The next chapter explores “Artists’ Locative Games” which are games played in public places not only for the benefit of the players, but also for the edification of their audience.  This moves into a discussion of mixed reality games which have been made possible by modern technology, as well as a discussion of recent games commissioned by artistic groups.


The next chapter moves to focus specifically on video games, and the industry which makes them.  Flanagan harshly criticizes the industry by comparison to the artists involved in the creation of older games, particularly in terms of a lack of diversity and the promulgation of harmful ideologies.  The chapter ends by discussing a handful of activist games which are in keeping with the socially transformative games of the past.


The final chapter is focused on encouraging more of these activist games, and provides instructions for future developers to enable this.



Flanagan’s definition of “game” includes many things which one would not normally anticipate in a study of games.  Is this definition convincing or would a narrower (or even broader) one have produced a better argument?

If you are a gamer, do you feel that you often see activist messages in the games you play?  How do these messages differ from those in other forms of media? Are there differences between the messages of different genres of games?

Many of Flanagan’s sources come from an art history background.  As historians, how does this impact your reading of her argument?

Practicum: Glitching Files

There’s a lot to be learned from taking the assorted files we all have laying around on our computers and taking them apart, seeing what makes them tick, and then breaking them.  First and foremost, doing this is a chance to recognize that, although we may look at an image file or text file as simply an image or text, they only appear as such when viewed through a lens provided by our computers.  Those files, however, are not those things.  At their most basic, they are set of electromagnetic states of certain physical spaces on your hard drive (or electrical states of your solid state drive, if your computer uses one of those).  In an intermediate sense, the computer uses more basic lenses to view those states as code, and that code may need several layers of interpretation by your computer before you see it in the form it was intended to be viewed in.  This should remind us that, although we often imagine a dichotomy between the physical world and the digital, all digital objects are merely physical objects which are being viewed in a certain manner.  We can achieve similar understandings of the physicality of digital items by placing a magnet near one’s hard drive, provided one does not mind loosing the further use of that hard drive.  We should also be reminded that the appearance of these digital objects is not static, but depends on what lenses they are being viewed through, and we are also reminded that, although two image, text, video, or sound files of different types may appear similar to us, they are actually quite different.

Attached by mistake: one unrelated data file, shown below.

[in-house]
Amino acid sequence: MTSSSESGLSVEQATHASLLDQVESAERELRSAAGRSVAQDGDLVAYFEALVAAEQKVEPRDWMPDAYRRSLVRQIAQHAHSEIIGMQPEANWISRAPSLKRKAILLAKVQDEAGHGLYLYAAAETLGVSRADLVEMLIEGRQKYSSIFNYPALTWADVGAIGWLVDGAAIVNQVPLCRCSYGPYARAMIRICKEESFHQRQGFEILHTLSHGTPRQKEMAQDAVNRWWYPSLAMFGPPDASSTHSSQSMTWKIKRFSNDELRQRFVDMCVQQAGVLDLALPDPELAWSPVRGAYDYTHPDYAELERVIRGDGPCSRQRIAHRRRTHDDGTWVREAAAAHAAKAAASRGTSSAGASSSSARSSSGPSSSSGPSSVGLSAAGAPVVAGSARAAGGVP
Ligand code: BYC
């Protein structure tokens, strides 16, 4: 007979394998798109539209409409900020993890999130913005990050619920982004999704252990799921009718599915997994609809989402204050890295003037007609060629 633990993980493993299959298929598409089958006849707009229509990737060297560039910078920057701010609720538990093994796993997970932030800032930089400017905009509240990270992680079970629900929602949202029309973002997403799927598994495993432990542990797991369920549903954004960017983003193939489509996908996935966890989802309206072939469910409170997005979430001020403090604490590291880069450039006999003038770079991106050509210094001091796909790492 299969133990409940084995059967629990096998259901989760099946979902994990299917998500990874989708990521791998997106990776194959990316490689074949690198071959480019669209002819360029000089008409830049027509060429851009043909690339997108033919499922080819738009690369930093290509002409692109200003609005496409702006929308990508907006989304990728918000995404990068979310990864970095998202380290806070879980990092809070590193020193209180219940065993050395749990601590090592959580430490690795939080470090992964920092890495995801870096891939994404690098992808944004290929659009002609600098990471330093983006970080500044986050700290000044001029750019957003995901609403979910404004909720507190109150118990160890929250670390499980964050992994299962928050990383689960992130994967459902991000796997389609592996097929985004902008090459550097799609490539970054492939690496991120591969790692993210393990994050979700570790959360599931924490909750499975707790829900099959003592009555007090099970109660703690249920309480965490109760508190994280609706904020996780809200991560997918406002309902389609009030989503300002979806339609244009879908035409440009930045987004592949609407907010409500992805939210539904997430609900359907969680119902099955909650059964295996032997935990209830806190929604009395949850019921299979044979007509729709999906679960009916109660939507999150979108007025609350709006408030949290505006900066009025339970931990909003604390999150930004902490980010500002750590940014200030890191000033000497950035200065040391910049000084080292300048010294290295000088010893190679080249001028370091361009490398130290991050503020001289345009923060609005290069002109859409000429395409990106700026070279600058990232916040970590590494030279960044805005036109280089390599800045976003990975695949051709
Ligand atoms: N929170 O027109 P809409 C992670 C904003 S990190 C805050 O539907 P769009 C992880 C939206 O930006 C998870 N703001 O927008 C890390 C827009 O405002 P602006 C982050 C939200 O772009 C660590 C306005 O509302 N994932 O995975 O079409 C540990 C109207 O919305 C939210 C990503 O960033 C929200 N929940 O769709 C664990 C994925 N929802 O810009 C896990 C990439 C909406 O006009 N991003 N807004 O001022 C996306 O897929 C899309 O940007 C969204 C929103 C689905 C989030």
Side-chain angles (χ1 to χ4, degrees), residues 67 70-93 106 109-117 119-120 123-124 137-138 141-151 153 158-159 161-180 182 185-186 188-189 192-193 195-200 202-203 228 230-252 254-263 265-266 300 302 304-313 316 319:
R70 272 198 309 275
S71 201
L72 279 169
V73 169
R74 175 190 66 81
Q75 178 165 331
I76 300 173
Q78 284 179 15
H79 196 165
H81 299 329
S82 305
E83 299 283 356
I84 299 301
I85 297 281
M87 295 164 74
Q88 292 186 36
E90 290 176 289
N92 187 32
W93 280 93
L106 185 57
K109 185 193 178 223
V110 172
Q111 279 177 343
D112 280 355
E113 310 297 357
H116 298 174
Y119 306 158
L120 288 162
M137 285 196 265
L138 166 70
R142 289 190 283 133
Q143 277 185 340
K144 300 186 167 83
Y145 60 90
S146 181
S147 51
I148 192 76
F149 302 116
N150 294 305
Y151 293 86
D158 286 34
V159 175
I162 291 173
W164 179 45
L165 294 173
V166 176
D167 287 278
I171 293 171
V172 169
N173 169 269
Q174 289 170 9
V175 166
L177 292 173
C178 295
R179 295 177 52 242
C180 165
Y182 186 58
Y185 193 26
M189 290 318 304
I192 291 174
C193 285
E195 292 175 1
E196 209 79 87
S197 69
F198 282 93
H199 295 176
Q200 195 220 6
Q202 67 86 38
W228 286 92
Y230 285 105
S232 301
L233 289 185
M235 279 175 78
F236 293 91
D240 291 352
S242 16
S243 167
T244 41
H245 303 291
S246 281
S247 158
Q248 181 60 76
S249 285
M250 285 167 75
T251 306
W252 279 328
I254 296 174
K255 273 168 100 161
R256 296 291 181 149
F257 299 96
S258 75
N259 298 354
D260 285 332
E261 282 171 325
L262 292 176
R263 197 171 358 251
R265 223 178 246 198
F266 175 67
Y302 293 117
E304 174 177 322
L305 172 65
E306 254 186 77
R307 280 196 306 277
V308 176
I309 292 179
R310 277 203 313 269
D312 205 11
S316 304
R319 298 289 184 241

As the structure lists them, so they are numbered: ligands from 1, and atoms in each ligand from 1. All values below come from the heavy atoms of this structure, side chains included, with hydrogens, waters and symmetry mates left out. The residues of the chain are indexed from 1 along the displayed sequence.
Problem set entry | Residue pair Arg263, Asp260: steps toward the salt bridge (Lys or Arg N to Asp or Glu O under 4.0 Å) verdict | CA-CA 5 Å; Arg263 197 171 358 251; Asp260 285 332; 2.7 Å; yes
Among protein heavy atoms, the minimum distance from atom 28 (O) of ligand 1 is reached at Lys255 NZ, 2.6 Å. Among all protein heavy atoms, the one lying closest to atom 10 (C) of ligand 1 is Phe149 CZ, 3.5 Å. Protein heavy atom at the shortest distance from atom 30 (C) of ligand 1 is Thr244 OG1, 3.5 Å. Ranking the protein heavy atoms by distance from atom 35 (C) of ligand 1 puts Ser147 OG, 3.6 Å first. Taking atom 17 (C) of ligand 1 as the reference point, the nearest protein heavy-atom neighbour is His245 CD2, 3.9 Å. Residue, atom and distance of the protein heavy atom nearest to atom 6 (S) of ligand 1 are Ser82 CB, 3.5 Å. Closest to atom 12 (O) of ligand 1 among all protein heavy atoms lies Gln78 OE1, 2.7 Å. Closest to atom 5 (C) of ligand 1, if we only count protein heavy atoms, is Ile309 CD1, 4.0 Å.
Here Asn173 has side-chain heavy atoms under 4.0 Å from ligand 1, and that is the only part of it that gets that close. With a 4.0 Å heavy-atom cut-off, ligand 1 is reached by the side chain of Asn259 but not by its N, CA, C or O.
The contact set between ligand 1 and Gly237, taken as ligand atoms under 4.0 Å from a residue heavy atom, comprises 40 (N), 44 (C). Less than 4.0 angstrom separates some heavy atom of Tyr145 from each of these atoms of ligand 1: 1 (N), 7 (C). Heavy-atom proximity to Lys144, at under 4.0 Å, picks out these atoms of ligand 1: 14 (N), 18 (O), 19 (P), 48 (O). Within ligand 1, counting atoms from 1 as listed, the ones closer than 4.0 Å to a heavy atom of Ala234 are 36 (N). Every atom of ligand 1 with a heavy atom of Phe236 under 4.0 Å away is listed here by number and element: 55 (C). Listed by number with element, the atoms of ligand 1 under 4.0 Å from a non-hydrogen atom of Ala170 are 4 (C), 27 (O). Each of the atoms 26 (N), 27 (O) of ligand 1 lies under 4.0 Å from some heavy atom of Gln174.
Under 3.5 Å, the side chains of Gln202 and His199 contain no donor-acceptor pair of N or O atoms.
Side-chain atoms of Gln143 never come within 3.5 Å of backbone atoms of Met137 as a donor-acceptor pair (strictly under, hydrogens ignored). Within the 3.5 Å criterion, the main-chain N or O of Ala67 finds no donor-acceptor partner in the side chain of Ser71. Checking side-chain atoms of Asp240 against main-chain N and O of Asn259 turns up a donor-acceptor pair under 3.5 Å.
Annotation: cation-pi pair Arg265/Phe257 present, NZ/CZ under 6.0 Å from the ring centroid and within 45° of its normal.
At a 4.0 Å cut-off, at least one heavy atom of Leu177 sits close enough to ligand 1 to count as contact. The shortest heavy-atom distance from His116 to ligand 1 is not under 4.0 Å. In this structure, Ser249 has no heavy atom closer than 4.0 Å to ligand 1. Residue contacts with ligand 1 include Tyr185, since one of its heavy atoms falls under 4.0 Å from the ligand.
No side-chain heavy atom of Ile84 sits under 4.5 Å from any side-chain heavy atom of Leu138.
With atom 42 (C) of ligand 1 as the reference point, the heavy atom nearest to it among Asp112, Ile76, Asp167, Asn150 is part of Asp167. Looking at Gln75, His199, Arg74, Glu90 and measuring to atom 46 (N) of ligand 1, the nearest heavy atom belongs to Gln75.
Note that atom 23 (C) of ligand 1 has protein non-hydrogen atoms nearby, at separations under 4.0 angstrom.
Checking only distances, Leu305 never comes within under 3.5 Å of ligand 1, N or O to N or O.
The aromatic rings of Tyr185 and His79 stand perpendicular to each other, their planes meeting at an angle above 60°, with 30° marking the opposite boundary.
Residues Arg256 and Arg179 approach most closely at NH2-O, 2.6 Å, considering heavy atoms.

While it may sound technically complex to some, glitching a file can actually be quite an easy thing; many of us even manage to do it by accident.  To demonstrate, I will use 3 different types of image file (with the hopes of demonstrating how these are different), as well as an audio file.  Those trying this themselves should make sure to make copies of all the files they intend to glitch and preferably cordon them off in a separate folder, to make sure they don’t accidentally break a file they didn’t mean to.  For the images, I’ve selected a .jpg (a preliminary design for an unbuilt class of USN warships), a .png (a shot from the opening of a recent, award winning television show), and a .gif (a motivation penguin).   The specific images have been chosen in the hopes that they will prove memorable and to show that one can learn from glitching whatever images one has on hand.

To begin with, the .jpg in an unaltered state:

Next, we will convert this file to a text file.  To do this, you will need to rename the file, so that the extension (the 3 letters at the end of the file name after a period, which exist to tell the computer what type of file this is and what program it should use to open it) says .txt instead of .jpg.  If you cannot see any file extensions, open file explorer options from the control panel and ensure all options pertaining to extensions have been set correctly.  When the file has been converted to a .txt file (a common type of text file), it should then be possible to open it with a word processor.  Some word processors, such a Microsoft Word, may recognize that the file is not what it appears to be, but wordpad and notepad will both suffice.  I will be using Notepad++, a version of notepad with extended functionality.  The result looks like this:

Note that although this is mostly gibberish, the “Photoshop 3.0” appears in the first line, and “8BIM” appears several times in the first few lines.  Removing these will not actually change the image.  On the other hand, deleting several full lines, particularly from the very beginning or end, can easily result in a file which cannot be opened.  More judicious removals of one or two lines here and there from the beginning of the body of thefile resulted in this:

Copy and pasting segments of text at the center of the document, meanwhile, added this to the image:

By doing this, one can see the methodical way in which the data which the image represents is stored; if code from the top of the file is removed segments of the image are also removed, starting from the top.  .png files, on the other hand, are less straightforward.  Here is an unaltered .png and the same file as text: